On a recent Friday afternoon I noticed some shooting-star lights in my left eye, with neither Johnny Depp nor Richard Gere in sight. Sigh. So Tuesday morning, after a weekend of hope the flashes would go away, and worry that they didn't, I saw an ophthalmologist. I had, of course, gone online and read that the worst-case scenario was a detached retina (diabetes being unlikely and head trauma or recent eye surgery not issues), and was somewhat concerned about potential loss of eyesight. Of course, most of the letters on my keyboard have long since worn away, so I can already only type if I don't actually see the keys, but still -- I do some freelance editing, which would be tricky if I couldn't see.
So off to the eye doctor I went. It has been decades since I've done the whole ring-of-blue-light alarmingly close to my eyeballs thing, and just as long since my pupils were dilated, and although the experience wasn't as bad as I thought it might be, it wasn't what you could call pleasant. I think it was a little more comfortable than an alien probe would be, because the doctor was human and quite personable, but the machines were scary even so, and so were the thoughts about possible diagnoses and treatments and consequences that were going through my mind. There are times when it is Not Good to have a writer's imagination.
As it turns out, the flashes are due to the random parting of microscopic strands of the vitrious fluid from the retina. The flashes are the equivalent, the doctor agreed, of the momentary pain of spider-vein formation in the legs. No biggie, really, but highly annoying, and alarming until you know that it's not an indication of retinal damage. (That's for the flashes at the side of the eye. The formation of spider veins in one's calves doesn't ever cause a loss of vision, even if one does wish that people couldn't see them.) They will probably decrease in intensity and frequency, and until they do, I have to just deal with it. (I tried to convince Husband-man that the doctor said stopping at Five Guys would alleviate the symptoms, but as he was in the room when I asked if there was dietary change that would help, it was an unsuccessful ploy.)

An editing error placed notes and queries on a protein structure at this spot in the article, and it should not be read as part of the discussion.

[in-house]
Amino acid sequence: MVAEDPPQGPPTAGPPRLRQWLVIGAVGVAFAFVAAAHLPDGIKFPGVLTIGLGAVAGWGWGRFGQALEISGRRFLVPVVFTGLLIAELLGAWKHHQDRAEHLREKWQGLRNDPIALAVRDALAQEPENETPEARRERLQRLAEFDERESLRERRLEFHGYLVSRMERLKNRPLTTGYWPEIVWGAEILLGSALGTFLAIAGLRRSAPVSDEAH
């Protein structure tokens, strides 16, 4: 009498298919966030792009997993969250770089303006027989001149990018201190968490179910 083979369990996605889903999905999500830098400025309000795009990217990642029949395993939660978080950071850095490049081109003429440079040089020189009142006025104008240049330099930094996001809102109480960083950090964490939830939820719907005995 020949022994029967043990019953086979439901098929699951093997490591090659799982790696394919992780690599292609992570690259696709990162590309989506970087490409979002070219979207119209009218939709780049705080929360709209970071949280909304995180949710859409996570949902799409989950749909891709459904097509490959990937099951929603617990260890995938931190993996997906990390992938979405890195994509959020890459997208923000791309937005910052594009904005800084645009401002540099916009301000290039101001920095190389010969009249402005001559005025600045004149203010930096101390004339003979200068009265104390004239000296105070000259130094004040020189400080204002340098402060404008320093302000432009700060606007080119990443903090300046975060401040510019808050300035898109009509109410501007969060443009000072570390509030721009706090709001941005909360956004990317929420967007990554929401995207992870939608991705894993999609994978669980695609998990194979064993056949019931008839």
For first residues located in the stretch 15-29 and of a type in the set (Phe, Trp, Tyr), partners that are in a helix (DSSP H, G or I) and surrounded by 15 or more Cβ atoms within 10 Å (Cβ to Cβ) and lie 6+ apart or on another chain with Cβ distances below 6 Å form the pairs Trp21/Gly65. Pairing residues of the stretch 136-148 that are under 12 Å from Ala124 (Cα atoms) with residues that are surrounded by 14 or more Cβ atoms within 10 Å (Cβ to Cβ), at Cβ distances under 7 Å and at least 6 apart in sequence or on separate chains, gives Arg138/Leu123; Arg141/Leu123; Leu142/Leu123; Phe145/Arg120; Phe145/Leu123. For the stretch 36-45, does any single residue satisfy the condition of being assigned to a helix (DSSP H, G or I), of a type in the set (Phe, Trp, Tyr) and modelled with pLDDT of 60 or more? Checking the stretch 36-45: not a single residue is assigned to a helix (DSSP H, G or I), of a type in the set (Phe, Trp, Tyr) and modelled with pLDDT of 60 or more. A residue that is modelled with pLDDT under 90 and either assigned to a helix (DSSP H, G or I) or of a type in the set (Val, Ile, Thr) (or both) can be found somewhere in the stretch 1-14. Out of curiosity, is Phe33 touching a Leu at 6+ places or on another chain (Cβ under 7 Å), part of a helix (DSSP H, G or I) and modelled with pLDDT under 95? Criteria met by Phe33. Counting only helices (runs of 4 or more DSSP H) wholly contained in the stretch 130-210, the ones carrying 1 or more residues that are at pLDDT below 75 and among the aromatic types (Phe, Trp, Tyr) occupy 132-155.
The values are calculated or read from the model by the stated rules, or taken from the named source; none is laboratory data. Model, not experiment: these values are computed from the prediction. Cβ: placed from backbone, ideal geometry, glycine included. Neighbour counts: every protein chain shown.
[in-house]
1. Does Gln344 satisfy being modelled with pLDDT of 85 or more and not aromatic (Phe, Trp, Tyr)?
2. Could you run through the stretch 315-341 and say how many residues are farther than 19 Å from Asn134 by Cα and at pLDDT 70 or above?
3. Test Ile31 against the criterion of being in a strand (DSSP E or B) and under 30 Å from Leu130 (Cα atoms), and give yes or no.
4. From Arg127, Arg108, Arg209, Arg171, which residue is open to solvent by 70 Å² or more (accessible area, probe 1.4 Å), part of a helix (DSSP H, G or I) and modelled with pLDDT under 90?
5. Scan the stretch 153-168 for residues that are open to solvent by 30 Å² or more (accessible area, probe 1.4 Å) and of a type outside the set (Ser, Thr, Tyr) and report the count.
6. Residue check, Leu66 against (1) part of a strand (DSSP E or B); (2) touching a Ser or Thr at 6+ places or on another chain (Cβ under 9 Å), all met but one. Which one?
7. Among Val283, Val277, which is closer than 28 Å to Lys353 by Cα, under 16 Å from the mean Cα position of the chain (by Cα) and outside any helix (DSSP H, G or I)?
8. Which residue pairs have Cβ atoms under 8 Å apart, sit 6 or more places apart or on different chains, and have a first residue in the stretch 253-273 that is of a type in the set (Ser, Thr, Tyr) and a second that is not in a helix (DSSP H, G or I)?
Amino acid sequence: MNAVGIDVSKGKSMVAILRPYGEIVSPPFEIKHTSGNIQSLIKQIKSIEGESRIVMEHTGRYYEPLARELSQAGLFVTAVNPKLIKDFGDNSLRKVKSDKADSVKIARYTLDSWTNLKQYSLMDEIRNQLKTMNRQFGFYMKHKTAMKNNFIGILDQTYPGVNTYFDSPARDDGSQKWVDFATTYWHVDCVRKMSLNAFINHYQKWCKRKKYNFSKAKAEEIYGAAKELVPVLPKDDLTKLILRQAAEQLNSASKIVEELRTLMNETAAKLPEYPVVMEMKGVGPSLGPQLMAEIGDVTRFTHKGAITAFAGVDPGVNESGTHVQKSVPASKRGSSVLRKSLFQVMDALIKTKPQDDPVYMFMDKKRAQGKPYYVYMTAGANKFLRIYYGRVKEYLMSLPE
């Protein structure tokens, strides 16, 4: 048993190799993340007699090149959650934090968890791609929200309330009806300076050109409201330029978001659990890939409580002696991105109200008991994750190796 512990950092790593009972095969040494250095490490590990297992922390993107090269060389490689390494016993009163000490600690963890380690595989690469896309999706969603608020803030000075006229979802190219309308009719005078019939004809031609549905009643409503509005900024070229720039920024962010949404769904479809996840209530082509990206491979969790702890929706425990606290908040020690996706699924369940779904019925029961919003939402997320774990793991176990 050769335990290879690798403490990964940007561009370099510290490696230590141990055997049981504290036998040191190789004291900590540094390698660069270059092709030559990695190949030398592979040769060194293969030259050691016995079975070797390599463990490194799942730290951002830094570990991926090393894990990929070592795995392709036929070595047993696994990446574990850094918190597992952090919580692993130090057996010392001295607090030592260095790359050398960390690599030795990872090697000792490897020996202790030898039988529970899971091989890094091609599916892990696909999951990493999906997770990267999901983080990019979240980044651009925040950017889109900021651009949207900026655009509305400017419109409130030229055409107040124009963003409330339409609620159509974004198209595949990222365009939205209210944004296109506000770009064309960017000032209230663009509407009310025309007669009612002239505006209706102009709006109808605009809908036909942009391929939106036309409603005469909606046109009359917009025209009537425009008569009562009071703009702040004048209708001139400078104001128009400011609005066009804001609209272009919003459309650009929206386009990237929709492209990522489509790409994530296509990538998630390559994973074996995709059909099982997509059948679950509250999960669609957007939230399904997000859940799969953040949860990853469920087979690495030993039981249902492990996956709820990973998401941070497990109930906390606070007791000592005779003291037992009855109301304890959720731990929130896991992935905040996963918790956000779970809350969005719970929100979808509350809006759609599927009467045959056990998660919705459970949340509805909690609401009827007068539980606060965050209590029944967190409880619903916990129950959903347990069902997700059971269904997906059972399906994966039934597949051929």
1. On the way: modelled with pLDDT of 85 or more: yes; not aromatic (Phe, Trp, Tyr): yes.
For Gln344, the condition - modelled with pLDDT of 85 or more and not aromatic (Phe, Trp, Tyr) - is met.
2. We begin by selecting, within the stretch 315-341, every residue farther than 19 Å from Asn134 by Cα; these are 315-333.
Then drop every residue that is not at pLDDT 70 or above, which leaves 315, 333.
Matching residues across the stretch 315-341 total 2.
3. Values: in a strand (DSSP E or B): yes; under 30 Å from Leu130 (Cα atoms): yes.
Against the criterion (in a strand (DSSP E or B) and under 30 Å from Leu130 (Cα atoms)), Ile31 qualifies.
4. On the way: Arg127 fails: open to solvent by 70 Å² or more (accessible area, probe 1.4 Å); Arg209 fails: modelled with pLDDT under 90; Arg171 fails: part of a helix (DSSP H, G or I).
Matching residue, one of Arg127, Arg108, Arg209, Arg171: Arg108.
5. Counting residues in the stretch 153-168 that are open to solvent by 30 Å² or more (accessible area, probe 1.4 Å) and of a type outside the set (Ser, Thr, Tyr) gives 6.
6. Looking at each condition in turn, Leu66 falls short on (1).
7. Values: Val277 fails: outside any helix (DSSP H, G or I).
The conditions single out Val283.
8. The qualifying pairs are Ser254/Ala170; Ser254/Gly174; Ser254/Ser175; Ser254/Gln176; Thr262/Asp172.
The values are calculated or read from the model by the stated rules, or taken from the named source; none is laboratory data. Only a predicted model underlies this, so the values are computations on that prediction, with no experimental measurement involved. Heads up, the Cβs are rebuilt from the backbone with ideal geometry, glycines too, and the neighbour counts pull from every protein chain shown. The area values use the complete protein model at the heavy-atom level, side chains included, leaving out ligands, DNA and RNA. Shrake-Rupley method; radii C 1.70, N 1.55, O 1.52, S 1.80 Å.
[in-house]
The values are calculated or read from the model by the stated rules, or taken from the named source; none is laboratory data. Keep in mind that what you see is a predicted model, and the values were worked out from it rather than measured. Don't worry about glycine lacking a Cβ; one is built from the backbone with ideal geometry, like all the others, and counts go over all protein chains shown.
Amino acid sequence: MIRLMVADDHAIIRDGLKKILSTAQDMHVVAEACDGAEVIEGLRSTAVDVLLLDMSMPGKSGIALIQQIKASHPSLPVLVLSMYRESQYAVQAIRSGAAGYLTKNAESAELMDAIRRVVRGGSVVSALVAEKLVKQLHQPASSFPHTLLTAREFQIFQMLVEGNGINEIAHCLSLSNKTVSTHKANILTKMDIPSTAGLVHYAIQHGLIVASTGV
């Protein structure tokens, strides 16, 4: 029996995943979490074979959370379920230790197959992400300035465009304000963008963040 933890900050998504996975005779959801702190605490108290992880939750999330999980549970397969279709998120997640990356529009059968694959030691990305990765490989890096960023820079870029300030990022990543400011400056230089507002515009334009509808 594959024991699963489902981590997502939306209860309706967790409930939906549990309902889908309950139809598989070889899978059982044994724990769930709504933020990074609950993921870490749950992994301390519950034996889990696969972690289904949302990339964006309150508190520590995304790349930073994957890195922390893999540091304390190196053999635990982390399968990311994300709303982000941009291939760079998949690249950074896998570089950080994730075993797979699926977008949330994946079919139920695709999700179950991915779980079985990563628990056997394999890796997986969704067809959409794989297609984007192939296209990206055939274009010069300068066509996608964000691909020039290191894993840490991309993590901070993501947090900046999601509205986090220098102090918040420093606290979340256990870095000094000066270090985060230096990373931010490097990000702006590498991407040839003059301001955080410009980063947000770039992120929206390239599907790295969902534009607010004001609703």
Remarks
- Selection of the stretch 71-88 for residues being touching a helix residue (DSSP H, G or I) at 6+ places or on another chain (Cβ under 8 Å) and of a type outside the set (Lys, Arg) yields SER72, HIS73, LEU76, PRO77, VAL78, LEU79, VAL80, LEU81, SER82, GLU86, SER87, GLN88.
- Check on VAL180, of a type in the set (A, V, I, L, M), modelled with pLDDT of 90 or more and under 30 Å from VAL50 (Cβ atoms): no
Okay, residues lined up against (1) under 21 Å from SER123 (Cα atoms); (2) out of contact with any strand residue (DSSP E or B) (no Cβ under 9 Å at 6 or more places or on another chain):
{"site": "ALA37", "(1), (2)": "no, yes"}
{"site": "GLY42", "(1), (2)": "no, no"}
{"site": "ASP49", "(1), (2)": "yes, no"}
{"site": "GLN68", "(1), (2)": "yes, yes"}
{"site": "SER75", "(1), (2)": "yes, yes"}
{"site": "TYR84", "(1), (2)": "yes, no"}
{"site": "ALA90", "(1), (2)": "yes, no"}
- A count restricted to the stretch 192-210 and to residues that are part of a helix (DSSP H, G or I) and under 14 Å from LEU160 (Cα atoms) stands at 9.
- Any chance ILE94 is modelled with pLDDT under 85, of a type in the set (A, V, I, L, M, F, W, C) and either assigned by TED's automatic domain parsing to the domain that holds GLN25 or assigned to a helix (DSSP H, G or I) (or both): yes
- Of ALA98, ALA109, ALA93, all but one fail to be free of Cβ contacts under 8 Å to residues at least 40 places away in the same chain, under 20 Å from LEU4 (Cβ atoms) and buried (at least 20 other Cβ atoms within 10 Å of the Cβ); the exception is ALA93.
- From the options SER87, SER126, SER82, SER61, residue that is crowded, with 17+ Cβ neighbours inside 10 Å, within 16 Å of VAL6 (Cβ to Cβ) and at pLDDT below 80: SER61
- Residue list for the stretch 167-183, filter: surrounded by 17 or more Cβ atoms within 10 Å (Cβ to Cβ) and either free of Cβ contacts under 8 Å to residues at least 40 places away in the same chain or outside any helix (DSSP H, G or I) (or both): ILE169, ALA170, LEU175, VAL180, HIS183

But ... a couple of weeks ago, Husband-man and I and some friends went camping so we could lay out in a clearing in the woods and watch the shooting stars of the Perseid Meteor Shower. This we considered a wondrous experience, even sacred. Soooo ... I have decided to deal with the flashes of light in my eyes as similarly oooh-ahh-ish, and equally inspirational. Writers can find prompts anywhere, right? Maybe my flashes, as long as they last, they will prompt sci fi stories, or thoughts of miracles, or in their randomness highlight ordinary events as special.
And there's always the possibility -- do not tell me it isn't so -- that they will herald an unexpected appearance by Johnny or Richard!